This test is done to:
- Diagnose prediabetes and diabetes.
- To check and monitor your response to diabetes therapy
How to prepare for this test?
You do not need to stop eating before you have an A1C test. This test can be done any time during the day, even after a meal.
How is the test performed?
The blood sample is taken from a vein in your arm. An elastic band is wrapped around your upper arm. It may feel tight. You may feel nothing at all from the needle, or you may feel a quick sting or pinch.
Other tests performed along with HbA1c?
Fasting blood sugar and post prandial blood sugar tests are also performed in conjunction
SRL in-house pan India data for 2012—14; for Hba1C tests
At SRL labs across India, a total of 1108742 HbA1c tests were performed during 2012—14. The samples tested belonged to different zones of the country as illustrated below. The highest number of samples was received from the western parts of India followed by the zone followed by the northern zone.
Out of the total samples tested for HbA1c, 70.27% samples had a value higher than normal whereas 29.73% samples showed a normal level.
We further analyzed the samples that showed up abnormal results; as per their age groups, geographic zones and gender.
The highest number of abnormal samples was received from the XX zone followed by the XX zone.
The highest number of abnormal samples belonged to the age group of 46—60 years followed by the 61—85 year age group.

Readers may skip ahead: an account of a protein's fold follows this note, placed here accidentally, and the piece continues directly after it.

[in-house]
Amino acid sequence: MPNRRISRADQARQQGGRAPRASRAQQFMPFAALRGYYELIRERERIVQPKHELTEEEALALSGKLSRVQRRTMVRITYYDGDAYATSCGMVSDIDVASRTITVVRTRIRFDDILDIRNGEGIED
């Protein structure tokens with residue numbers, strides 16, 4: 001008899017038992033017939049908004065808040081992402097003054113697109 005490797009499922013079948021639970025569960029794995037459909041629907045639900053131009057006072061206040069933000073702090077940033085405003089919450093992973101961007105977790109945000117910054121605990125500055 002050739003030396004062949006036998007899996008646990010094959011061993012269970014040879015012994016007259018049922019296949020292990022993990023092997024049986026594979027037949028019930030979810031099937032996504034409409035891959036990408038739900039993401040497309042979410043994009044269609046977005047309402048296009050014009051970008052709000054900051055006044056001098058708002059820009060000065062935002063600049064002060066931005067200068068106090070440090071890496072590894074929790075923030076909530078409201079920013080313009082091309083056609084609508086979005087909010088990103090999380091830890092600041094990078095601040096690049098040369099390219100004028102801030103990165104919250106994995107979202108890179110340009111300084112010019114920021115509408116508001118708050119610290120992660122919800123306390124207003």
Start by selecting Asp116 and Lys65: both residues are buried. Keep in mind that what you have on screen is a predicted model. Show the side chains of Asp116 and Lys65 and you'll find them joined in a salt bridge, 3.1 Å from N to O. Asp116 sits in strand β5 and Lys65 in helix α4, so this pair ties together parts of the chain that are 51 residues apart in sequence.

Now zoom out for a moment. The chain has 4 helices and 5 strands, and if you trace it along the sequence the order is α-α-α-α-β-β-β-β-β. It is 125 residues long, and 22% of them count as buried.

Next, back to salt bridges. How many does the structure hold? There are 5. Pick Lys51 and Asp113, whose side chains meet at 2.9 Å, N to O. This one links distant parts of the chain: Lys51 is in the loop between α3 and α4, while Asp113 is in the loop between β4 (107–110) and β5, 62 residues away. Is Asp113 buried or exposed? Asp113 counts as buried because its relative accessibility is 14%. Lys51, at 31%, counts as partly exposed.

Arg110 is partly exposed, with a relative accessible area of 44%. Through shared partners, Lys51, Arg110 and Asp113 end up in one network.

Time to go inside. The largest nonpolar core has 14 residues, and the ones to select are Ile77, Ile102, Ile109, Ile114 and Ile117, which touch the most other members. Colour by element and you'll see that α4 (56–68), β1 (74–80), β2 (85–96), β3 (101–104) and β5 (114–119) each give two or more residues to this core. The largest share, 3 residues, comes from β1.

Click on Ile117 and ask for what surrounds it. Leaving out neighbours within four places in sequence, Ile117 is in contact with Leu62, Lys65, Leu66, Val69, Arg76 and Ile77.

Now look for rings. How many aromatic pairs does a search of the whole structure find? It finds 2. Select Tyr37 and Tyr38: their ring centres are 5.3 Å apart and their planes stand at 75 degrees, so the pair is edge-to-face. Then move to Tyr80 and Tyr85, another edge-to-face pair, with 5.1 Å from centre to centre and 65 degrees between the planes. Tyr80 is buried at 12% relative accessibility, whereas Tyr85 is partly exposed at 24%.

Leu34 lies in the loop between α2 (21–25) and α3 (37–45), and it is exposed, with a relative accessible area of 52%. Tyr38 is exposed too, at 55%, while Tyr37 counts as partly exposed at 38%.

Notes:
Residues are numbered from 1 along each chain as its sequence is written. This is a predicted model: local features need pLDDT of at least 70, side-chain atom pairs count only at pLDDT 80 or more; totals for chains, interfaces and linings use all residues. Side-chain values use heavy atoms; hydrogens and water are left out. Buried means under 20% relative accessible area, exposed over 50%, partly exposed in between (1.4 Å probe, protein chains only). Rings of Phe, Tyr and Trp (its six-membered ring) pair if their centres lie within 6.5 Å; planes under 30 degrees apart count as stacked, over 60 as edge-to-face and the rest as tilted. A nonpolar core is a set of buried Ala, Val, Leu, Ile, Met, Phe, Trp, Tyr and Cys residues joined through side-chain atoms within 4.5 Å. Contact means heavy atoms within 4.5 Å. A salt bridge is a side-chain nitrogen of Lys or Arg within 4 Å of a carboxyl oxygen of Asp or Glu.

The male population in our analysis sample showed a notably higher number of samples with abnormal HbA1c values. Out of the total samples with elevated HbA1c values, 59.03% were from male patients.
Diabetes prevention – Needs a concerted effort
Diet – Avoid trans fats and saturated fats, simple sugars, aerated drinks, tobacco based products, excess alcohol, excess hot beverages like tea and coffee. Include more of green leafy vegetables, plenty of water, fruits, complex carbohydrates with a high glycemic index like oatmeal, include plenty of fibrous food, limit the intake of dietary cholesterol, limit salt intake and consume healthy meats, legumes and grains
Exercise – Regular moderate physical exercise, yoga, and meditation is recommended and avoid a sedentary lifestyle as far as possible. Reduction in weight can also help you in reducing your risk of diabetes.
Stress is a known aggravating trigger in diabetes. Keeping your stress levels under control can be a major physical, emotional and psychological relief and can help you lower your risk of diabetes
Regular medical Check ups – Consult your family physician at regular intervals and keep checking your blood sugar. This assumes more importance for people who have a strong family history of diabetes. A combination of symptoms like excessive thirst, excessive hunger and very frequent urination; should ring an alarm for you to consult your doctor for a diabetes check up.
DISCLAIMER: This analysis presented in this report is based on results of patients’ samples tested at SRL labs. Its findings cannot be construed as a representation of HbA1c levels in the general population; it cannot be extrapolated to a real setting.